The ratio of gallium, resp. gallium additive and mercury should preferably be 1:10 to 1:100. In the performance range of 400 W the preferred ratio of components is 1-5 mg gallium iodide to 44 mg mercury
Another typical lamp consists of a cylindrical quartz tube with diameter 13,5 mm and a discharge vessel with a volume of 20 cm3 The distance between the electrodes is 14 cm. This lamp is filled with 20 mg Hg, 3 mg mercury iodide, 1 mg gallium and argon with a pressure of 3.57 mm Hg.
The UV parts of the spectrum can also be transformed into the desired parts of the spectrum. For this, various kinds of foil have proven useful, the materials being silicone elastomers or fluorpolymers, particularly PTFE (Teflon), doped with anorganic phosphors. The silicone eleastomers are preferably produced by additive polymerisation, so that no volatile components such as water will come into contact with the anorganic phosphors The silicone elastomer is preferably produced by a composition of hydroxylpolydiorganosiloxane with an organohydrogensiloxane, the phosphors being added to the mixture and a chemical reaction being triggered by a platin catalysator at room temperature. The fluorescent foil has a preferred thickness of 10-800 μm, the density of the phosphor particles being preferably between 1-20 mommy the grain size being 5-15 μm. The UVC-transparent carrier can also consist of silicone rubber, which can be cured without heat or pressure. Due to the considerable heat input, it has proven advantageous to cool the foil, thus extending its life span by several orders of magnitude. Depending on the heat input, the foil can be cooled by air or a water bath with the foil inside.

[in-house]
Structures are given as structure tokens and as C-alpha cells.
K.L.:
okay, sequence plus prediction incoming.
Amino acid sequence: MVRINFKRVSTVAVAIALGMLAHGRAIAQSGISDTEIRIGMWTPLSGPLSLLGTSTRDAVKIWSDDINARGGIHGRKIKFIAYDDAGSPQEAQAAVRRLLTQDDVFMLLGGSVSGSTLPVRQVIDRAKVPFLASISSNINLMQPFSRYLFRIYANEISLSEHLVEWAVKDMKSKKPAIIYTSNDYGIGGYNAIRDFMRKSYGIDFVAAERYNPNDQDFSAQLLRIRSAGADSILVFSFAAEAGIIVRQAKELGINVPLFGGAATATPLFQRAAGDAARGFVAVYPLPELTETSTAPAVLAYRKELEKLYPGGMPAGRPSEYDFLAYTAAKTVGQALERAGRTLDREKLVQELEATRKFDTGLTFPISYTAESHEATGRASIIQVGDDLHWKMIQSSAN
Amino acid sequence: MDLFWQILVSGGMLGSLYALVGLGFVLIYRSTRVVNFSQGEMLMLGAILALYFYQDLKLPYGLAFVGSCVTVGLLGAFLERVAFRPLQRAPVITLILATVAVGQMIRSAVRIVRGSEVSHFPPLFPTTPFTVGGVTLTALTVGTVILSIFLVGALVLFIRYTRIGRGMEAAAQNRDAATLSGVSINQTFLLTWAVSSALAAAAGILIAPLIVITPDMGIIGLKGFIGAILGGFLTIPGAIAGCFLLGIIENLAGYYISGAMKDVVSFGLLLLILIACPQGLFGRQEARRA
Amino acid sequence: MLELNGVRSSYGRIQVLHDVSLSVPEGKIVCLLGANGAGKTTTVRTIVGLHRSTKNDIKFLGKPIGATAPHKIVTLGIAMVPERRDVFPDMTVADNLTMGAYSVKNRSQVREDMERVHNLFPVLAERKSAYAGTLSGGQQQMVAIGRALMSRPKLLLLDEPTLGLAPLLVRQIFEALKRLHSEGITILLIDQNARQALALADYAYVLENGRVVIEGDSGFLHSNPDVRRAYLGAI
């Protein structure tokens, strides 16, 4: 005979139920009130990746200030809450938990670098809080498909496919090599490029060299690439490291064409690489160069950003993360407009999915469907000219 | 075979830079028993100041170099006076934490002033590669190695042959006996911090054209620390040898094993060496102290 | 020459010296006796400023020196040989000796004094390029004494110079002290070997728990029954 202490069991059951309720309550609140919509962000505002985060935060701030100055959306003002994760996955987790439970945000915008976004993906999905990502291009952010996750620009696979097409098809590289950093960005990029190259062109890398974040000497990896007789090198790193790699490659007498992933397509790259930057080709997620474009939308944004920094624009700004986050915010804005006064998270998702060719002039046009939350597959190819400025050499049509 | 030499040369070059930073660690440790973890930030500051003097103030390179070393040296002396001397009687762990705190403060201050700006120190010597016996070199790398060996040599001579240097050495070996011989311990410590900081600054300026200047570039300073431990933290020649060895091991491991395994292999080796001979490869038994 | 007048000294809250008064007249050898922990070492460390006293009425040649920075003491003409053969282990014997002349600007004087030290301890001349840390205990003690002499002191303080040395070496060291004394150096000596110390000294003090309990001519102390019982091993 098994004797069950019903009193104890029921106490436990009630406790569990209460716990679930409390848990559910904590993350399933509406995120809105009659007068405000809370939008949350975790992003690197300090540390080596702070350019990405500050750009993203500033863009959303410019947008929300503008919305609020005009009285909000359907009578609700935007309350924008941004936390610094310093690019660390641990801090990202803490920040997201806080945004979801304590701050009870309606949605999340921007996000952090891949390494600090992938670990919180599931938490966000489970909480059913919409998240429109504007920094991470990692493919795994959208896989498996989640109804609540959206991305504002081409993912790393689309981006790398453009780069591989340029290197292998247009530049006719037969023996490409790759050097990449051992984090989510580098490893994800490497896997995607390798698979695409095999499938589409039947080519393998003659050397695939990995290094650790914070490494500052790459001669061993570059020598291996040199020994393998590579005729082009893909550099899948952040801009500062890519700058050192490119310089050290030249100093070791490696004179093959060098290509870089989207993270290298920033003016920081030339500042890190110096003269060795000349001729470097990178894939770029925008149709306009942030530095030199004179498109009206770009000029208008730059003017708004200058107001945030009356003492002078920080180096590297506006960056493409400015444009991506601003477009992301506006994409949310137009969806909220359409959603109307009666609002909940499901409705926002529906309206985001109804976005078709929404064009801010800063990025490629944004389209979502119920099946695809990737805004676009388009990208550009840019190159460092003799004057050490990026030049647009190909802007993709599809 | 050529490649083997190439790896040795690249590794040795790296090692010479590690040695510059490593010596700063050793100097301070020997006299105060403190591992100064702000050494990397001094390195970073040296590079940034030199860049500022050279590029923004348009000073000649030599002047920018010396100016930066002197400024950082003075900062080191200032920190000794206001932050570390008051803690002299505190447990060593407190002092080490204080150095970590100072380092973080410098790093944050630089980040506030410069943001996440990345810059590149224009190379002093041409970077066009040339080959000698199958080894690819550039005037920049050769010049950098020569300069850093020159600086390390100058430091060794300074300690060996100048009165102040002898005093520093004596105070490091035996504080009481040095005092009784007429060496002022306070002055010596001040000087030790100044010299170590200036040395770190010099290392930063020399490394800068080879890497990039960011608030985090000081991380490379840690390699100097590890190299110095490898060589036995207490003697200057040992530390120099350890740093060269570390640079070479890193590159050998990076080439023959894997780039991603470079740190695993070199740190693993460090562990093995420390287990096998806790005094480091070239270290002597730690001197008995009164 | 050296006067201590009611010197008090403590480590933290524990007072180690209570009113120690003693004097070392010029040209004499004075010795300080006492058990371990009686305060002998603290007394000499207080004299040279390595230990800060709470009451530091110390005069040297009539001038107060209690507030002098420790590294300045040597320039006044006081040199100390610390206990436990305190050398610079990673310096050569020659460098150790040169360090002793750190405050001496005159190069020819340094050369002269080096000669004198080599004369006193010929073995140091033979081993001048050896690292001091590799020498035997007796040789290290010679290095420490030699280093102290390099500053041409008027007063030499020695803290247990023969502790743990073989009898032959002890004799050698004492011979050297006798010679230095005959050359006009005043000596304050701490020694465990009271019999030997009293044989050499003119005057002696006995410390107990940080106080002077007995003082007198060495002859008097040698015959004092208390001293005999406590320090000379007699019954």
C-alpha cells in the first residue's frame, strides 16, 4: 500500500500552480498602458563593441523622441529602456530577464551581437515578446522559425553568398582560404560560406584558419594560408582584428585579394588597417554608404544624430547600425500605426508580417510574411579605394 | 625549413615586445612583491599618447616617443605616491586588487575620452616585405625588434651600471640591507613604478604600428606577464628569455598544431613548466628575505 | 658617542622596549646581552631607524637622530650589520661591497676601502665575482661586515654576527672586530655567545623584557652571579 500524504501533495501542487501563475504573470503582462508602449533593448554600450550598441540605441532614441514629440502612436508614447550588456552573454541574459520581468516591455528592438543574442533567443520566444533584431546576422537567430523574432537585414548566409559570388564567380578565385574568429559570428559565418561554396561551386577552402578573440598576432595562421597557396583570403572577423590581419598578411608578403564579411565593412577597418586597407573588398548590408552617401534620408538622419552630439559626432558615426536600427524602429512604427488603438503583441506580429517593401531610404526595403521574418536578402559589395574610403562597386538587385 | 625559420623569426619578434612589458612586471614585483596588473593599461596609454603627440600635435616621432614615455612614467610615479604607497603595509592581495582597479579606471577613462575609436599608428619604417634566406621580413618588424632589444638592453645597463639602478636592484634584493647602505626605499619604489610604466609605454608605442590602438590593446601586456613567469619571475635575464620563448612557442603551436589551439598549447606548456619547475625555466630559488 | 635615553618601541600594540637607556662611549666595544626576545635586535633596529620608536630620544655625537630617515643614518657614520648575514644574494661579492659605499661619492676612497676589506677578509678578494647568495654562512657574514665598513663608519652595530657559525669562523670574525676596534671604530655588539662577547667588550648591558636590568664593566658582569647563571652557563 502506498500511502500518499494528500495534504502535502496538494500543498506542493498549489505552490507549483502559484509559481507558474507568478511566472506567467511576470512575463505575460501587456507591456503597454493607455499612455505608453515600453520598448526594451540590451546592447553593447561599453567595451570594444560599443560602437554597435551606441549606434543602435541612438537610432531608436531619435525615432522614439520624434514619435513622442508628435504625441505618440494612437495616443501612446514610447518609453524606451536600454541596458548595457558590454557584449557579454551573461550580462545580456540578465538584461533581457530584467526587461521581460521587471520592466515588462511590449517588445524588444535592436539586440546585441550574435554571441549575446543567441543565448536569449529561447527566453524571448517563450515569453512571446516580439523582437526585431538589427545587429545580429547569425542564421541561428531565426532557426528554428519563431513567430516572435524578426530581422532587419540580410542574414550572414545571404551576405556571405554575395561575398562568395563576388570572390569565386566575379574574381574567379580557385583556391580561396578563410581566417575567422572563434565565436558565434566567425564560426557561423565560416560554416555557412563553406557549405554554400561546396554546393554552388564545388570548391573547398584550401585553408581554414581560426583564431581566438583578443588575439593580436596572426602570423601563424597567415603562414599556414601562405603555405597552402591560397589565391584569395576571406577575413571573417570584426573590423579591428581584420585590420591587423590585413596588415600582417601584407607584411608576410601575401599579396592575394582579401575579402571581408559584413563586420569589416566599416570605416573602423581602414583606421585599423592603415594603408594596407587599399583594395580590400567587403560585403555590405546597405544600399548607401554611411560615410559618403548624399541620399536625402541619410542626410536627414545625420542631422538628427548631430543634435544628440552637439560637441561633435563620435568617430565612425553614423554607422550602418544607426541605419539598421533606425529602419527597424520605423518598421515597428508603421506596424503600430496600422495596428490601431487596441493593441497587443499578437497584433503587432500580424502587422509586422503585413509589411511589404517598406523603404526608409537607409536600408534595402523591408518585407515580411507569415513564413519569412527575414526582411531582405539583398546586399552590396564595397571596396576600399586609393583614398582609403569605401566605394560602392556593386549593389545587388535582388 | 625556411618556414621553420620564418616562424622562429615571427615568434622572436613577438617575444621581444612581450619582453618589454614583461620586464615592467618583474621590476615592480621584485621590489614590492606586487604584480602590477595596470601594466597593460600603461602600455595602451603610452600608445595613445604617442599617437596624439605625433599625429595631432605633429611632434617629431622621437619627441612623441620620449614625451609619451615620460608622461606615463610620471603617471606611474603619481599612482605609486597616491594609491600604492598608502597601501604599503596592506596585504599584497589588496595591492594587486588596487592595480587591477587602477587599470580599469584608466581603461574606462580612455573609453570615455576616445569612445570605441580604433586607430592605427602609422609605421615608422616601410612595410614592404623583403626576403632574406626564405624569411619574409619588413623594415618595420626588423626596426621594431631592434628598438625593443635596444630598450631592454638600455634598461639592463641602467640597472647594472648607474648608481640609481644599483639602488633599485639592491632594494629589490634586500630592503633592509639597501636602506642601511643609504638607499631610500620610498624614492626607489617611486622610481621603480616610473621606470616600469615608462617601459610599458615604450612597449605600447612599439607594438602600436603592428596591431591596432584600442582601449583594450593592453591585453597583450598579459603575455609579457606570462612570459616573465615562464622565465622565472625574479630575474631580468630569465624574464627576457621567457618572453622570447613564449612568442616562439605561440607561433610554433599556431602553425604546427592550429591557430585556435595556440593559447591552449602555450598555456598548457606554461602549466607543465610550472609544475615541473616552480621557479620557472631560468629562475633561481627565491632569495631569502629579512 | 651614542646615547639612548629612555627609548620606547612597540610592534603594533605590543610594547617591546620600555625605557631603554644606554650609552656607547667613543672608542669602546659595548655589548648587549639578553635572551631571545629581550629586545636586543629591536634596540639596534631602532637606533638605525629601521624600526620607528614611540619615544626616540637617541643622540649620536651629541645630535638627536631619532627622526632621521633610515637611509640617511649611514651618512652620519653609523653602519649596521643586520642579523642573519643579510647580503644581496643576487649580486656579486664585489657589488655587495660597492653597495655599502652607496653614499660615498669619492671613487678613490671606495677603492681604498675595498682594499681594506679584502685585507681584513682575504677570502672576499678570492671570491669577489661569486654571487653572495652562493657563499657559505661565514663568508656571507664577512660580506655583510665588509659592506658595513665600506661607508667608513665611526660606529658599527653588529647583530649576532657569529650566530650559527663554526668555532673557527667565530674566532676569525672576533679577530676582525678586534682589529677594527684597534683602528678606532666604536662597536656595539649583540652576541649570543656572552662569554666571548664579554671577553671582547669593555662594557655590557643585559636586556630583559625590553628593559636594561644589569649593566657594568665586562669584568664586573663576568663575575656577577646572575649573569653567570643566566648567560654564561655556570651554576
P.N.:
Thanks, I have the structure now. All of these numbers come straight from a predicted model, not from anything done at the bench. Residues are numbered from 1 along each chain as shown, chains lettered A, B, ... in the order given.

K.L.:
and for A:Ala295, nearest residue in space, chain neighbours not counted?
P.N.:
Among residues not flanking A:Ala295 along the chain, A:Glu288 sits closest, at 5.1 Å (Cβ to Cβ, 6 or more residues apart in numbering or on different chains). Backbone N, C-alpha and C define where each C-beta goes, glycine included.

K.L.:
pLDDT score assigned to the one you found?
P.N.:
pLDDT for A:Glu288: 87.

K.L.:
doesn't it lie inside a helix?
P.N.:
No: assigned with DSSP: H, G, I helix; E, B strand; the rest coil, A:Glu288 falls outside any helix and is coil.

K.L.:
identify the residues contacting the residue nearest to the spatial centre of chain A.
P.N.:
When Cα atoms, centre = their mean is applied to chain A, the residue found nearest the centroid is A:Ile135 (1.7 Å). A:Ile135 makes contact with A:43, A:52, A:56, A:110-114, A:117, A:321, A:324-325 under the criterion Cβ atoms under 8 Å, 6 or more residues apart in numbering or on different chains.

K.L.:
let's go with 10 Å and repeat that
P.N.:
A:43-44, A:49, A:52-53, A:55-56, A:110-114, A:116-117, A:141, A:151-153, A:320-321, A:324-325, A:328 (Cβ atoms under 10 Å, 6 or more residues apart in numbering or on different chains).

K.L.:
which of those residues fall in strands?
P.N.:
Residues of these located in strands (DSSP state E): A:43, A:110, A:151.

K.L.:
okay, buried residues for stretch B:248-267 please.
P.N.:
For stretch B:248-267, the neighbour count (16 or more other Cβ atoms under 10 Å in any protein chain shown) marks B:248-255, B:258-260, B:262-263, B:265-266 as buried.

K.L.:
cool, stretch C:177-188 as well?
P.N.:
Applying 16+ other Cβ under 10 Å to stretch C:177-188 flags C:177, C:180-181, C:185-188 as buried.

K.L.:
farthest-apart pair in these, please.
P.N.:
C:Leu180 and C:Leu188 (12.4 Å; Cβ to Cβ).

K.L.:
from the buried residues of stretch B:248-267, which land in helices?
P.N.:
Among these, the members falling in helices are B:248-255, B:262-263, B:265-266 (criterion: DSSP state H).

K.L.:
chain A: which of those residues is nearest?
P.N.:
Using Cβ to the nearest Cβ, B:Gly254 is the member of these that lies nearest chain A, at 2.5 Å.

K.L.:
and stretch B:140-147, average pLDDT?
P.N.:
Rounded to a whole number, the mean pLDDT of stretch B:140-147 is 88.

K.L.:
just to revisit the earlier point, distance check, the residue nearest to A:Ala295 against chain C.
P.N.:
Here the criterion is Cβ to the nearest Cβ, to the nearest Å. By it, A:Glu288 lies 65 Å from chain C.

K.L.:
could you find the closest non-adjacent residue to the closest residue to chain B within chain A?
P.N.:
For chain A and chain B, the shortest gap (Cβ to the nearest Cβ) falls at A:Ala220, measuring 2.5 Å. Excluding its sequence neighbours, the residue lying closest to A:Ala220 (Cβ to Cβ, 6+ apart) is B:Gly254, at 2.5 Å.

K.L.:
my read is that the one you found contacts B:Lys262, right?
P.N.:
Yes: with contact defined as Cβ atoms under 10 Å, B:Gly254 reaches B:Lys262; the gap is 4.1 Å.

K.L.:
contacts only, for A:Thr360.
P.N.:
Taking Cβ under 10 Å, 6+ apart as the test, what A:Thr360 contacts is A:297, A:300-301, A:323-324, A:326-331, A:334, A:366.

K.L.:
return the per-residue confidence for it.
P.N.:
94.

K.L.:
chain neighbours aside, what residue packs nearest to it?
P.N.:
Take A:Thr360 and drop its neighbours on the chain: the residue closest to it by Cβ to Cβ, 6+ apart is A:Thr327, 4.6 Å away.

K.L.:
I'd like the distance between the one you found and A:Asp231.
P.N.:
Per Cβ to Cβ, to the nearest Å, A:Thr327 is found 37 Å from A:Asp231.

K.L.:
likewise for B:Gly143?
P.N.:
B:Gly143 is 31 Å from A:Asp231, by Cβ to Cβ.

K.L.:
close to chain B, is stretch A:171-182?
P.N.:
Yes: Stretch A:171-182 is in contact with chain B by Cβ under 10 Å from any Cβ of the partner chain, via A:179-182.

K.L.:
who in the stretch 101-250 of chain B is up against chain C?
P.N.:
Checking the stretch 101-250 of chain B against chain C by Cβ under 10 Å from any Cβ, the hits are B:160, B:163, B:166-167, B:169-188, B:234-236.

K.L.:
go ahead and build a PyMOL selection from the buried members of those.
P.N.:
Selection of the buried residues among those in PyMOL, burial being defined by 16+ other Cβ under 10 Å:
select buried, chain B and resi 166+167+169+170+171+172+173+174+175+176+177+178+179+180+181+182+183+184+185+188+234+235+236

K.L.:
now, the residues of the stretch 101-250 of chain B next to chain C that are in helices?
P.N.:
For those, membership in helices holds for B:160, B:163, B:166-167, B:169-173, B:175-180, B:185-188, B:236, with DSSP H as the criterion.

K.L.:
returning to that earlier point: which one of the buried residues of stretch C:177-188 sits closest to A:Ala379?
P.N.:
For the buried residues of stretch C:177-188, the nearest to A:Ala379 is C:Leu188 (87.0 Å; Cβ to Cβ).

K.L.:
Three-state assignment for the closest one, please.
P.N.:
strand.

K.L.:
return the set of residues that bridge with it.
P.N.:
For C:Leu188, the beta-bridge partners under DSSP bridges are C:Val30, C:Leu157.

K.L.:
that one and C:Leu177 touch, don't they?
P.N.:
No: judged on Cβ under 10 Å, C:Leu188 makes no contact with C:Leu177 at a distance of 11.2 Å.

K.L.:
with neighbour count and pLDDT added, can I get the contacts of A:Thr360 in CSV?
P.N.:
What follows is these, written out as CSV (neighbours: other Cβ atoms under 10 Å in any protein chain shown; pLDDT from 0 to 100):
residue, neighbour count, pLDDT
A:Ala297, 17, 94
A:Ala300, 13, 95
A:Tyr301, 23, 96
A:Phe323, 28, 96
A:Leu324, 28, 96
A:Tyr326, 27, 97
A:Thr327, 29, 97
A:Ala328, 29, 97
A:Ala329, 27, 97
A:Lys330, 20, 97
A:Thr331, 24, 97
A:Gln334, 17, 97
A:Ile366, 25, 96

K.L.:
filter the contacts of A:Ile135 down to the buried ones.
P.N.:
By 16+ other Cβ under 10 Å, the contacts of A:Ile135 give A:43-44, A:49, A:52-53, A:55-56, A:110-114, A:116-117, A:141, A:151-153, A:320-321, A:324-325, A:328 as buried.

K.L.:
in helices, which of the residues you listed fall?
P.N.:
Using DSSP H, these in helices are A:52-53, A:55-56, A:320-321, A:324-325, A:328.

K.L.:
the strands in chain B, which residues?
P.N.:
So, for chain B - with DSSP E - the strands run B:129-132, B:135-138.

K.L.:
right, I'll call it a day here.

In another preferred embodiment a pulsed radiation source is operated in simmer mode, thus allowing to increase the pulse slope.
Alternatively, pulses of emitted radiation can be generated by an arrangement giving relative motion to the area to be irradiated. The simplest kind of arrangement would be an X- or X-Y-scan table by which the patient can be -moved back and forth under a cw-operable irradiation source. As an irradiation source for cw operation, basically radiation sources emitting in the blue range of the spectrum such as blue-emitting LEDs or equivalent gas discharge lamps, containing preferably gallium, indium or their respective halides come into consideration. The scan velocity here must be also be adapted in order to avoid the ablation threshold. Therefore, a focal line of a few mm thickness is generated that is moved length or crosswise across the area to be treated with a velocity of 1-100 cm/s.
It is also possible to combine the scan movement with a pulsed radiation source, in order to further decrease the achievable pulse lengths for an assumed treatment area, which is also advantageous in view of thermal relaxation.